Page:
87,000 kilometres of sewers, 759 large-scale and 3,500 small scale sewage plants – around 220 thousand million Swiss francs have been invested in the Swiss wastewater infrastructure. Many of these plants were built in the 1970s and now need modernising. The question now arises whether they should be modernised or whether other systems would be more suitable. Large sewage plants are efficient but they require large sewer networks to be built. This is why Eawag is investigating smaller, distributed systems. These would allow a more flexible response to changes (demographic trends, climate change) and they can be designed not only to remove nutrients, but also to allow for low-energy, resource-friendly nutrient recycling. If various systems are available, this would also enable specific local needs to be addressed.
Linking habitats for stable populations
Clean water alone does not fully satisfy the aim of integrated water conservation. Studies by Eawag showed as early as the end of the 1970s that river training and artificial barriers had debased flowing waters as habitats. Today research and practical implementation acknowledge ever more clearly that not only were rare species exterminated, but that the water bodies can no longer provide other "eco-system services". Therefore the cantons have been commissioned by the Federal Government to determine which rivers and streams should be revitalised as a priority between the competing interests of utilisation and conservation. Eco-system research at Eawag is able to provide pointers to set priorities, thanks to its leading-edge molecular genetics techniques. For example, studies have shown that fish or ephemerids have developed very different local breeds depending on the water body. Only a network of independent habitats which are nevertheless connected to each other can ensure varied populations that can exchange genes to remain stable. Because only in this way can they adapt dynamically to new conditions such as increased temperatures, instead of being supplanted by a few non-specialised nondescript species.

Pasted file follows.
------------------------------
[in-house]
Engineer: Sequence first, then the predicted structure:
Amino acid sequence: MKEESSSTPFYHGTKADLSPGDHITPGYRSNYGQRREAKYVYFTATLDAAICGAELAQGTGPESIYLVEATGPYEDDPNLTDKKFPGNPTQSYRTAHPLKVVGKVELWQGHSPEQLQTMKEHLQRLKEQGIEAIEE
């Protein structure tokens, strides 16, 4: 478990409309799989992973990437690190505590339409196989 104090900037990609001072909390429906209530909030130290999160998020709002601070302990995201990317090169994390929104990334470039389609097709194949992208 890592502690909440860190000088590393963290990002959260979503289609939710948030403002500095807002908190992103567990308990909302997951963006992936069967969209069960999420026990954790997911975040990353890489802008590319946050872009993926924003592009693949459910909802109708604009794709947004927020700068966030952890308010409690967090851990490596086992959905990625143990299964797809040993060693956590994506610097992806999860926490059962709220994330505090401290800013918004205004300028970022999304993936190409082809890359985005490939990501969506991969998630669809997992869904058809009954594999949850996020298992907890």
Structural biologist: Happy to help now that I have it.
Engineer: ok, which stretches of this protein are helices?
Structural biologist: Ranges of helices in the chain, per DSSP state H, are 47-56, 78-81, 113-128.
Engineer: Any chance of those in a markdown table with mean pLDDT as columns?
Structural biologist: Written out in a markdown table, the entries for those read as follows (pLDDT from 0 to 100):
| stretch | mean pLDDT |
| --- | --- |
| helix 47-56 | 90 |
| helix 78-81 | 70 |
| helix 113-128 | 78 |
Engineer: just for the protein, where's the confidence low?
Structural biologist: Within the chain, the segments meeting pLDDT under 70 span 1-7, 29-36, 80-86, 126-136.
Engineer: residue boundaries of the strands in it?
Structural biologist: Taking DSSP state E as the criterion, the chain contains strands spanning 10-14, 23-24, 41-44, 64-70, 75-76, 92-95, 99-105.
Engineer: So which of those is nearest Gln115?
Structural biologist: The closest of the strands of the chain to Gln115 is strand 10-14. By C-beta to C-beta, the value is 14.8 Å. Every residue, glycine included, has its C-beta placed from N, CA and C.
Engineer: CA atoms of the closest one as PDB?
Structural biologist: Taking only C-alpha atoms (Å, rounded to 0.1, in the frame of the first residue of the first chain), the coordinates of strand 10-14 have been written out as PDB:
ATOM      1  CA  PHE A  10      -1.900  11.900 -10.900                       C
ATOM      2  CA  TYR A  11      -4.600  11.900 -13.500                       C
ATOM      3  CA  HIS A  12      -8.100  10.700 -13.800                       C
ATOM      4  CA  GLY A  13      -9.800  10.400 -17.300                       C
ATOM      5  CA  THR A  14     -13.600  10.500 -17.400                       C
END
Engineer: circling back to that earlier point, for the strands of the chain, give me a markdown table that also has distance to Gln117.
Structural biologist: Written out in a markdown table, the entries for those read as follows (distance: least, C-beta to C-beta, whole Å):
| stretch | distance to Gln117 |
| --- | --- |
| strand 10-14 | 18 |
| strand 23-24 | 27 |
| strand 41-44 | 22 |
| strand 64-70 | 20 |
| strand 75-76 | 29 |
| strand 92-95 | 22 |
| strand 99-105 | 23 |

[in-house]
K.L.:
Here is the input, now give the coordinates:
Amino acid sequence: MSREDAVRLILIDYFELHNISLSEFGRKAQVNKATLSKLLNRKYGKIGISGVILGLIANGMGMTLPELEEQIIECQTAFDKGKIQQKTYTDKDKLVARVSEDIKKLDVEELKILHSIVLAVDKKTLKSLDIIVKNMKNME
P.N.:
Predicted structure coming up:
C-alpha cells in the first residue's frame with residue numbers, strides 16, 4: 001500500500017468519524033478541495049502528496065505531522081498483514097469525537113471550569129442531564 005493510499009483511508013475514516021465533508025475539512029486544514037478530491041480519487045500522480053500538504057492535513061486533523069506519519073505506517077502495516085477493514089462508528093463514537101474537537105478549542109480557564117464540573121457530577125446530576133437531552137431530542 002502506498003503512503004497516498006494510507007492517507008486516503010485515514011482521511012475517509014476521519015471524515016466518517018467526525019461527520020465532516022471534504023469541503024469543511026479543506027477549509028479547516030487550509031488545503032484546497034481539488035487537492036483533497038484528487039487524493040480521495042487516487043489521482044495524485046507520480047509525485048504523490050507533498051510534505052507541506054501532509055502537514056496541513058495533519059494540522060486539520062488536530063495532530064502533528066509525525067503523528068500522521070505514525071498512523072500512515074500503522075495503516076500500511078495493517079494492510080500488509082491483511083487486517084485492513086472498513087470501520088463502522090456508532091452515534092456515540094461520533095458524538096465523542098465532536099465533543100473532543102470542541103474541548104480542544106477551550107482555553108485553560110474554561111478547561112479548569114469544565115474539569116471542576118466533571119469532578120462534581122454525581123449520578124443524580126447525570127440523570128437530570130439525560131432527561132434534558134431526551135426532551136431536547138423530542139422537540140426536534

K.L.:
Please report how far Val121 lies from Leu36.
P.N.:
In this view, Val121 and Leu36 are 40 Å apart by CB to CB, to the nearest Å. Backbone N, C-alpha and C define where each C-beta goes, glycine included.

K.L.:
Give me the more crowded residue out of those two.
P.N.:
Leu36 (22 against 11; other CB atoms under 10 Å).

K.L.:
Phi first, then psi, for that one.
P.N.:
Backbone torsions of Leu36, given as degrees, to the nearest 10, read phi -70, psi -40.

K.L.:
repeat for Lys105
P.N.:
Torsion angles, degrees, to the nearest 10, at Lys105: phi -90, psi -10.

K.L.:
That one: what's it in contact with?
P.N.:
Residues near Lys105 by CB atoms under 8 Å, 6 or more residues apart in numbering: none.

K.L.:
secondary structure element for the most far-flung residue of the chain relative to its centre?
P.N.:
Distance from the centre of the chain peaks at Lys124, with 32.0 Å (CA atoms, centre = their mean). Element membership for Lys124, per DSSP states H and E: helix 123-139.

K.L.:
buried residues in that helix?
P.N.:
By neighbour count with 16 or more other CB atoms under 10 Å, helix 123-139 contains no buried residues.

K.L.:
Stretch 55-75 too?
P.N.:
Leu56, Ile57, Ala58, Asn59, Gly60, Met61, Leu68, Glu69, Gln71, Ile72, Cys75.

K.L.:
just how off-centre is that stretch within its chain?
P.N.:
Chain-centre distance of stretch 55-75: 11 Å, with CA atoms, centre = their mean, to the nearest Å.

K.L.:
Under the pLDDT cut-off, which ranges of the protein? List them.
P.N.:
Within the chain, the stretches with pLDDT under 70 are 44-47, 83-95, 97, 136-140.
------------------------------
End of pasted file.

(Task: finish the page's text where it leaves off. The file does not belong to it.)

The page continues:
Community hygiene saves lives
Diarrhoeal diseases transmitted by water remain responsible for many more deaths worldwide than aids, malaria or tuberculosis - especially in children. In 1968, at the request of the WHO a centre for waste and wastewater disposal in southern countries was created at Eawag - today it has become the Department for Water and Community Hygiene in Developing Countries with 40 employees. Eawag develops methods for the safe disposal of faeces and modified processes for the purification of drinking water. However, it is rarely possible to decree improved community hygiene. Water and sanitation infrastructure are only of real use when users are involved in its planning. Mostly these are distributed systems. They also make more sense economically than large, centralised plants. A study in Dakar (Senegal) compared the costs of a conventional sewer network and sewerage plant with distributed faecal sludge collection (with central processing). The investment costs for the first system are 11 times higher and the operating costs are double the costs for the second system.